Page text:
BOULDER, CO (December 15, 2022) – In this month’s episode of NEPC Talks Education, Christopher Saldaña interviews Derek Black, professor of law and the Ernest F. Hollings Chair in Constitutional Law at the University of South Carolina School of Law, about the role of the law and litigation in educational policy debates about curriculum, school choice, and school funding. His areas of expertise include education law and policy, constitutional law, and civil rights.
Saldaña and Black begin this month’s episode with a conversation about how the courts might intervene in debates over teaching about race and gender in K-12 classrooms. Black explains that issues of discrimination in curriculum are difficult to litigate and that issues of race and gender are governed by different federal statutes. Nevertheless, Black notes the courts could be asked to weigh students’ right to learn about racism and gender identity as well as the free speech rights of teachers and students. He also points out that teachers could, for example, challenge anti-CRT or “anti-woke” laws on due process grounds, forcing courts to determine if state laws have overly ambiguous enforcement mechanisms.
Black explains that on the issues of school choice and school funding the U.S. Supreme Court’s decision in Carson v. Makin is likely to have nationwide implications for the policymaking that provides public monies to fund religious schools. Although the Supreme Court’s decision makes no comment on whether religious schools that receive public monies must abide by state anti-discrimination laws, those issues are almost certainly going to be litigated as states set funding policies post-Carson v Makin. In another instance of how court rulings shape education policy, a recent decision published by the North Carolina Supreme Court compels a recalcitrant state legislature to increase public funding for public schools to improve school quality. According to Black, the decision will have a consequential impact on K-12 school finance equity.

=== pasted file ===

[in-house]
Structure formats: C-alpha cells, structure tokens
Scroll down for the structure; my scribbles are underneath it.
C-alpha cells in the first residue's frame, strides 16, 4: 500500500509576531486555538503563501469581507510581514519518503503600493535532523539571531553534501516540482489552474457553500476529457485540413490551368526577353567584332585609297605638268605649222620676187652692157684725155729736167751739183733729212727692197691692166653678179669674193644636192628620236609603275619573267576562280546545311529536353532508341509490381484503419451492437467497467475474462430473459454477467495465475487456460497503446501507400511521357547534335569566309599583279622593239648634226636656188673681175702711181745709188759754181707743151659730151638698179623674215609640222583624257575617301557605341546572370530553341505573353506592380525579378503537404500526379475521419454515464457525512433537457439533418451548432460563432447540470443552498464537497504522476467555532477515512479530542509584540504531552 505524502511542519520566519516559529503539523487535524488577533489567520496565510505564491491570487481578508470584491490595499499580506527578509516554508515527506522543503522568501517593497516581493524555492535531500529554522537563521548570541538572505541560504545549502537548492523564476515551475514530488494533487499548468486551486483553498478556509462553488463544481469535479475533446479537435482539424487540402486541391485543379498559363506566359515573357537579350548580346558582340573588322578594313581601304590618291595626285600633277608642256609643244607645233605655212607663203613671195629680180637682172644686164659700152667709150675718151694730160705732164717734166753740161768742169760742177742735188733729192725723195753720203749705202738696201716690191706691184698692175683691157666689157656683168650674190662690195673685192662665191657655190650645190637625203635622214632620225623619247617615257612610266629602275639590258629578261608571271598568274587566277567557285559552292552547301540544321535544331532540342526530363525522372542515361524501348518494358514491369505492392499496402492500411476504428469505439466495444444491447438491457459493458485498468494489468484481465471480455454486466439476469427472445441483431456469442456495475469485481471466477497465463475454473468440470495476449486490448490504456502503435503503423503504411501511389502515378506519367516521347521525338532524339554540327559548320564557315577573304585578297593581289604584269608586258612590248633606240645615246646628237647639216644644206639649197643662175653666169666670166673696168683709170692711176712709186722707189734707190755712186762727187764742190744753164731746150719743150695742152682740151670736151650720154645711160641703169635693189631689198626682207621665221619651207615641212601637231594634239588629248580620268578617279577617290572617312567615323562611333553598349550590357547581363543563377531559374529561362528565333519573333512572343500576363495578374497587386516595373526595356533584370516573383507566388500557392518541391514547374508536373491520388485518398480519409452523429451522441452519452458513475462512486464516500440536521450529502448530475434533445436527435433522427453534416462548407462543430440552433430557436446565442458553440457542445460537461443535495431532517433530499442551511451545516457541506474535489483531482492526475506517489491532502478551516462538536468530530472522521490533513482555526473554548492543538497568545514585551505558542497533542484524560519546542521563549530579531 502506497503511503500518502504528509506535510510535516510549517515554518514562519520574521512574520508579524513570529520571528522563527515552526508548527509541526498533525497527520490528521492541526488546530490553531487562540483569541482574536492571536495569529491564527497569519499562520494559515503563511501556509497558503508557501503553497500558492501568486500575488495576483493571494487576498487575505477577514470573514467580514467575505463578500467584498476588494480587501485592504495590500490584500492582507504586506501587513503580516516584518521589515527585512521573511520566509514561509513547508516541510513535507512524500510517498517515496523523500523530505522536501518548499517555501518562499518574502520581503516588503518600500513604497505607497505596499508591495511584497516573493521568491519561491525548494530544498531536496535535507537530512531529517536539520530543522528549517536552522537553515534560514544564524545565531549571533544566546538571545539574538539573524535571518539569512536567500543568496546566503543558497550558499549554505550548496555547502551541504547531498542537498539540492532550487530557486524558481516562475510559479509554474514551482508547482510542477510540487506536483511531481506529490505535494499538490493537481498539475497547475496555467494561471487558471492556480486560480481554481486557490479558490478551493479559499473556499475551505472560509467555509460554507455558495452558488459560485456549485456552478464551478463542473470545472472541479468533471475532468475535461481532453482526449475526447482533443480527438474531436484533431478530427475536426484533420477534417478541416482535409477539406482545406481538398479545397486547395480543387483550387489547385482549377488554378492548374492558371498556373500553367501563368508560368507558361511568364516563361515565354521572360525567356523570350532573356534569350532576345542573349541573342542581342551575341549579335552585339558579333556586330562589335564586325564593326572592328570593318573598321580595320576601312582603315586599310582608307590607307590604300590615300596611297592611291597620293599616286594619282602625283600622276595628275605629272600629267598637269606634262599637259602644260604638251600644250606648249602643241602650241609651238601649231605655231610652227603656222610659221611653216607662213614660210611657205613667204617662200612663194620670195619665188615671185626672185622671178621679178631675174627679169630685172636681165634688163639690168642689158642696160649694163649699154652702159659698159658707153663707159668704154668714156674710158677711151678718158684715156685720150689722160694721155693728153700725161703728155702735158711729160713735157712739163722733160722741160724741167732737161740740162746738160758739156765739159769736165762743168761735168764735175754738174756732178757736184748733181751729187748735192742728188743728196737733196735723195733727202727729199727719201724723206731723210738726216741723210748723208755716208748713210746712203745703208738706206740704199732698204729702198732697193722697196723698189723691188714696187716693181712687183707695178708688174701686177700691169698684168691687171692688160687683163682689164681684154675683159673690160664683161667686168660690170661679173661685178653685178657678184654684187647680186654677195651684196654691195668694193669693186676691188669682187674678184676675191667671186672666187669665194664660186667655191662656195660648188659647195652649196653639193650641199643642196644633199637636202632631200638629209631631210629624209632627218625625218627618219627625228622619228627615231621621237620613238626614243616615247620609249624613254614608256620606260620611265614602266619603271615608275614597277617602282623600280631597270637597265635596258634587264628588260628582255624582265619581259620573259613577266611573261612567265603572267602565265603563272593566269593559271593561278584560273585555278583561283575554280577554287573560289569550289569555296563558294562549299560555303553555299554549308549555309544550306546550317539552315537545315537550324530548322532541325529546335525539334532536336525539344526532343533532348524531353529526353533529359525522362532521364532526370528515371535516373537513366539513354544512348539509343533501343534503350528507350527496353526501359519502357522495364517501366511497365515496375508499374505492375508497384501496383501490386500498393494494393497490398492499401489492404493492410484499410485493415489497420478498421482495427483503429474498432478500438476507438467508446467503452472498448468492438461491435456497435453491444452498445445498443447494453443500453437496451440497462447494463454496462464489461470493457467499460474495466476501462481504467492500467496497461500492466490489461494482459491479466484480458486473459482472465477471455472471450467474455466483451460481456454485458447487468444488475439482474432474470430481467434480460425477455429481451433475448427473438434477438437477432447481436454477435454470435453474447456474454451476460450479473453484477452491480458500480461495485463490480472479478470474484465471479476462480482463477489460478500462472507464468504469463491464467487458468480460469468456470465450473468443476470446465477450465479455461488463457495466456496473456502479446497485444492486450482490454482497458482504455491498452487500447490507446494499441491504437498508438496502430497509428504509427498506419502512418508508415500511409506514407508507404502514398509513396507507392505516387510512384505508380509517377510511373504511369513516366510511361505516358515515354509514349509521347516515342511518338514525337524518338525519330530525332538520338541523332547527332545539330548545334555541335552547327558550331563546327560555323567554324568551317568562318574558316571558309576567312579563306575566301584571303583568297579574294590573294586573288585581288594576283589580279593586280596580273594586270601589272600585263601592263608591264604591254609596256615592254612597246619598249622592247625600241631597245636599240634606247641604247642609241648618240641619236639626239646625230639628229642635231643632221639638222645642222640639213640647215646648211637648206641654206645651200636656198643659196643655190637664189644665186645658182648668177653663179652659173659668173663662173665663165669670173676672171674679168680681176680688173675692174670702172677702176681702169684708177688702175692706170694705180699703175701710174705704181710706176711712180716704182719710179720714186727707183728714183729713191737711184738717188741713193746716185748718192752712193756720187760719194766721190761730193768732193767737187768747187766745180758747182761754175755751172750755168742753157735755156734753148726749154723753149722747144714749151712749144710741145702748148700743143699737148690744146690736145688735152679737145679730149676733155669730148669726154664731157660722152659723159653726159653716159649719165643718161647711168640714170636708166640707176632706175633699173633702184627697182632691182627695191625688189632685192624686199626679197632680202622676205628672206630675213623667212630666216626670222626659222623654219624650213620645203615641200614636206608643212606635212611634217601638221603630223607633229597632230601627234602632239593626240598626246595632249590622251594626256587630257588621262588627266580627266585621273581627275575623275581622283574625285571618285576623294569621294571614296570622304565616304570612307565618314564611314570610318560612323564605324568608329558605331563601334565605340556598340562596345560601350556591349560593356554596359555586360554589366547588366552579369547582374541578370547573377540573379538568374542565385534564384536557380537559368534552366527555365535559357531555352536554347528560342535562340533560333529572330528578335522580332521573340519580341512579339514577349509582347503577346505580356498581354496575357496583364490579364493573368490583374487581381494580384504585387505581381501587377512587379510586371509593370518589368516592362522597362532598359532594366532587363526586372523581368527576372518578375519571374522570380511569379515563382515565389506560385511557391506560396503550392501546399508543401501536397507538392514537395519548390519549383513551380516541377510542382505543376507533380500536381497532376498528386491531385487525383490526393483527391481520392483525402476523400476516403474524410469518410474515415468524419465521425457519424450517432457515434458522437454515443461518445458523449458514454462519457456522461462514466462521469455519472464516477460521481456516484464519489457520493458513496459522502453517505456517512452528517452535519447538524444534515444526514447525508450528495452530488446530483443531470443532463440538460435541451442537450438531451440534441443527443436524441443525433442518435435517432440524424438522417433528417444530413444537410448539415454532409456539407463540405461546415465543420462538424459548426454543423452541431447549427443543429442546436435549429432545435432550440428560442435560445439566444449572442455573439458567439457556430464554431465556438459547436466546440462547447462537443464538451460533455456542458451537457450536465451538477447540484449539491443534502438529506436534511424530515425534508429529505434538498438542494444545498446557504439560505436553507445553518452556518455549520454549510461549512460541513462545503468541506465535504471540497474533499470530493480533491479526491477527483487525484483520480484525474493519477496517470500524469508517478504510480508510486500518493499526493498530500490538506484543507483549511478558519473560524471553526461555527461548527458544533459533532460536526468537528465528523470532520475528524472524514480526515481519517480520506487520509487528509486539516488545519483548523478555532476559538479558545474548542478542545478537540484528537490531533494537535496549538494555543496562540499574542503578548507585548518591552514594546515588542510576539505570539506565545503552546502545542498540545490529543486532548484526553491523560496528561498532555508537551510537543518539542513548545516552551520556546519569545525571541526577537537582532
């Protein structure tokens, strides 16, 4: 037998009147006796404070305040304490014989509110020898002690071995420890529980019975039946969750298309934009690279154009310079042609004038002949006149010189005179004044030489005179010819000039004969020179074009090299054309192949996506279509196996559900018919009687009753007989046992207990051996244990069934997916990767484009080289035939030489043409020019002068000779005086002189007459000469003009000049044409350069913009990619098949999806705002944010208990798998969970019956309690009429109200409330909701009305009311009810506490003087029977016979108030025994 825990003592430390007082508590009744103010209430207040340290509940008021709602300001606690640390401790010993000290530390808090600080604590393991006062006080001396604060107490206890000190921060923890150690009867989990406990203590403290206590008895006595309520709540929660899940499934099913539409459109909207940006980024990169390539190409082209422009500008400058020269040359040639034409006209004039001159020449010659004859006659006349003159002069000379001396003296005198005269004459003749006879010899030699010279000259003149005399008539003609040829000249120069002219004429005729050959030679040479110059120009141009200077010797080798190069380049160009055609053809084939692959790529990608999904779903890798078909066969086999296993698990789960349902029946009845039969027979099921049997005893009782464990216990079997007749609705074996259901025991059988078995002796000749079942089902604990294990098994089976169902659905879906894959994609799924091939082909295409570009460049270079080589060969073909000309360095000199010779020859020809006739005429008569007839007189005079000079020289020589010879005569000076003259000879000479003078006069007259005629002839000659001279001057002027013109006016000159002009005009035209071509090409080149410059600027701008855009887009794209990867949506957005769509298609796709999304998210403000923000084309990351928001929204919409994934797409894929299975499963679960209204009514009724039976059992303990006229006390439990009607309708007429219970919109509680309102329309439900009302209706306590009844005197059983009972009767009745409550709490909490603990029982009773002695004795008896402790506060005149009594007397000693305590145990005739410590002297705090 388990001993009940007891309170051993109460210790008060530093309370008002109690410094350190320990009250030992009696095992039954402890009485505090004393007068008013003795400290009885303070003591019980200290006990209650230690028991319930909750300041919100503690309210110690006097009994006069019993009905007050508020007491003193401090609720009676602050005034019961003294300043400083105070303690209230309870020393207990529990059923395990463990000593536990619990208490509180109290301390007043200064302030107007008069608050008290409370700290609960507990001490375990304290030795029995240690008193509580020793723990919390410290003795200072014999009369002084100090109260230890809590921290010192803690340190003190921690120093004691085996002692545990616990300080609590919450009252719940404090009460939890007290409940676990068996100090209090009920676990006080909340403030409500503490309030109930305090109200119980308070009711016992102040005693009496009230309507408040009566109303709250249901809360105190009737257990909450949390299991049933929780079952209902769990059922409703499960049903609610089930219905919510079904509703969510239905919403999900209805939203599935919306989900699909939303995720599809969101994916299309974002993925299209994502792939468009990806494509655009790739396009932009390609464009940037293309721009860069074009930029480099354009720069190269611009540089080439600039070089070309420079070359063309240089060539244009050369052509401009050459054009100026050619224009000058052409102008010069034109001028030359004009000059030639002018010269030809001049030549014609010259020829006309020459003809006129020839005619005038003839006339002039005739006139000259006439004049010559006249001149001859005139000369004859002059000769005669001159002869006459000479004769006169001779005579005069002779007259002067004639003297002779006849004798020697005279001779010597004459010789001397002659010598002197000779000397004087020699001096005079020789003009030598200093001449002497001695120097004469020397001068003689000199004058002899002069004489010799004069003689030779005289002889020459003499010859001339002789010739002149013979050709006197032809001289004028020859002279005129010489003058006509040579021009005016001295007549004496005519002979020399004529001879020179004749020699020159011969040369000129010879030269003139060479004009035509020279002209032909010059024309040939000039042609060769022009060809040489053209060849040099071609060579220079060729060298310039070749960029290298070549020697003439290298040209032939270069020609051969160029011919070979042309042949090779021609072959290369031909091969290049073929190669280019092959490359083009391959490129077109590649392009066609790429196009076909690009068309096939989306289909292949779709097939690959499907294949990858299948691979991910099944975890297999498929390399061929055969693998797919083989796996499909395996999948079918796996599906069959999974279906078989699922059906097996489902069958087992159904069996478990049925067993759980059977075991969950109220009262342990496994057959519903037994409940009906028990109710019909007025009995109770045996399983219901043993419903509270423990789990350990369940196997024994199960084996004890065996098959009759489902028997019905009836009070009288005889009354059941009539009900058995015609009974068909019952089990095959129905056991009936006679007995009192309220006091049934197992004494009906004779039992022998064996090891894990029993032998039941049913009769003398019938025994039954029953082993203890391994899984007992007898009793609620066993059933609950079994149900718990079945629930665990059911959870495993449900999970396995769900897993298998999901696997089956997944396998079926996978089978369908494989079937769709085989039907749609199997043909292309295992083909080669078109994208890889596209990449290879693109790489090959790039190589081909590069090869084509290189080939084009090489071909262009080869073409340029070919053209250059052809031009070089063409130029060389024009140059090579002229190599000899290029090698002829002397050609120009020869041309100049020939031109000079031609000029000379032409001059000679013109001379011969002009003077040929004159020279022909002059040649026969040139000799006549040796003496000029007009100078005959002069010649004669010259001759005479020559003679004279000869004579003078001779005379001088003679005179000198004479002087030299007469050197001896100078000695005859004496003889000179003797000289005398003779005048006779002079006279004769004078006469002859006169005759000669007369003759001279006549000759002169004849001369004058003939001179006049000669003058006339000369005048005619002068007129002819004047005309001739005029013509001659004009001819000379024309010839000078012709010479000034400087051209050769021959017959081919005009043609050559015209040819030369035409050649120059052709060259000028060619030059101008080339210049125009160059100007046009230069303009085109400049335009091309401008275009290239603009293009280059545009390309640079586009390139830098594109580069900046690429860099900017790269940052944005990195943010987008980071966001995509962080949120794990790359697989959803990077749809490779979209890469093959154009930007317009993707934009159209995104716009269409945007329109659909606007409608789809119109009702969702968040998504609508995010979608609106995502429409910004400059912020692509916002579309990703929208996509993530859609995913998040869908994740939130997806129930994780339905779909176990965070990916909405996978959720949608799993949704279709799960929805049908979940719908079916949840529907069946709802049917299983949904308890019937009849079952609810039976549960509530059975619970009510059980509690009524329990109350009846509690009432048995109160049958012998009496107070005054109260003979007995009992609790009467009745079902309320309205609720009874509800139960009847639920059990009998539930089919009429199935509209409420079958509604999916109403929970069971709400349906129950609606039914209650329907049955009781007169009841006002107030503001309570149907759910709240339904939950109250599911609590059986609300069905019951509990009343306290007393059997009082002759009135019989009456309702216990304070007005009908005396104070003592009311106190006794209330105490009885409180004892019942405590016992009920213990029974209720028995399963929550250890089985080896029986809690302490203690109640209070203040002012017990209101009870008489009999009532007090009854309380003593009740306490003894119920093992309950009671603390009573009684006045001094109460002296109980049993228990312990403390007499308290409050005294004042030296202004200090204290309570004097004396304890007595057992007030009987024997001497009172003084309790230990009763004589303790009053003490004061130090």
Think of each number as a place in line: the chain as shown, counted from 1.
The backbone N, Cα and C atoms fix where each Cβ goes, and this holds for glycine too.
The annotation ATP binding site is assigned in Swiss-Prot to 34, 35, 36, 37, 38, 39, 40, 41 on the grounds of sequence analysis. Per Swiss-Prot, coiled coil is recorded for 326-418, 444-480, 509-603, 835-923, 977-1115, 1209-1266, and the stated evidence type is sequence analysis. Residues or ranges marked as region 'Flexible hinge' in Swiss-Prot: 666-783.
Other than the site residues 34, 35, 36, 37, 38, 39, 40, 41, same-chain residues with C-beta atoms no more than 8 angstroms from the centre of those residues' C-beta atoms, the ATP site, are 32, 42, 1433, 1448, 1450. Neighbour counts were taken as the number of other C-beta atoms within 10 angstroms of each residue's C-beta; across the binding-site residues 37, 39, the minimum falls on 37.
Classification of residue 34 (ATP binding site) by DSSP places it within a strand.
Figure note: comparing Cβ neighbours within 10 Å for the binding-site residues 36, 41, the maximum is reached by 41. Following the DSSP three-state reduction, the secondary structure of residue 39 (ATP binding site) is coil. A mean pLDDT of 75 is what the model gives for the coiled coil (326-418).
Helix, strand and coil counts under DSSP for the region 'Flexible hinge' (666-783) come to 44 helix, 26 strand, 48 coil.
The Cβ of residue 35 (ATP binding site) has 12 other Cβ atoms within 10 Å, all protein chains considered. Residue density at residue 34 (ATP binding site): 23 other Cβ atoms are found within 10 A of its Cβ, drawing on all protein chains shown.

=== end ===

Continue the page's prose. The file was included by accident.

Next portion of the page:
Black recommends stakeholders continue to consider how the courts can offer remedies for past harms and current injustices, but he argues stakeholders should not lose sight of the role of state policymakers. He believes that the most consequential decisions about public education happen in the state house. He encourages advocates of public education to lobby their state policymakers to legislate on issues of educational policy in ways that are just and fair.
A new NEPC Talks Education podcast episode, hosted by Christopher Saldaña, will be released each month from September through May.
Don’t worry if you miss a month. All episodes are archived on the NEPC website and can be found here.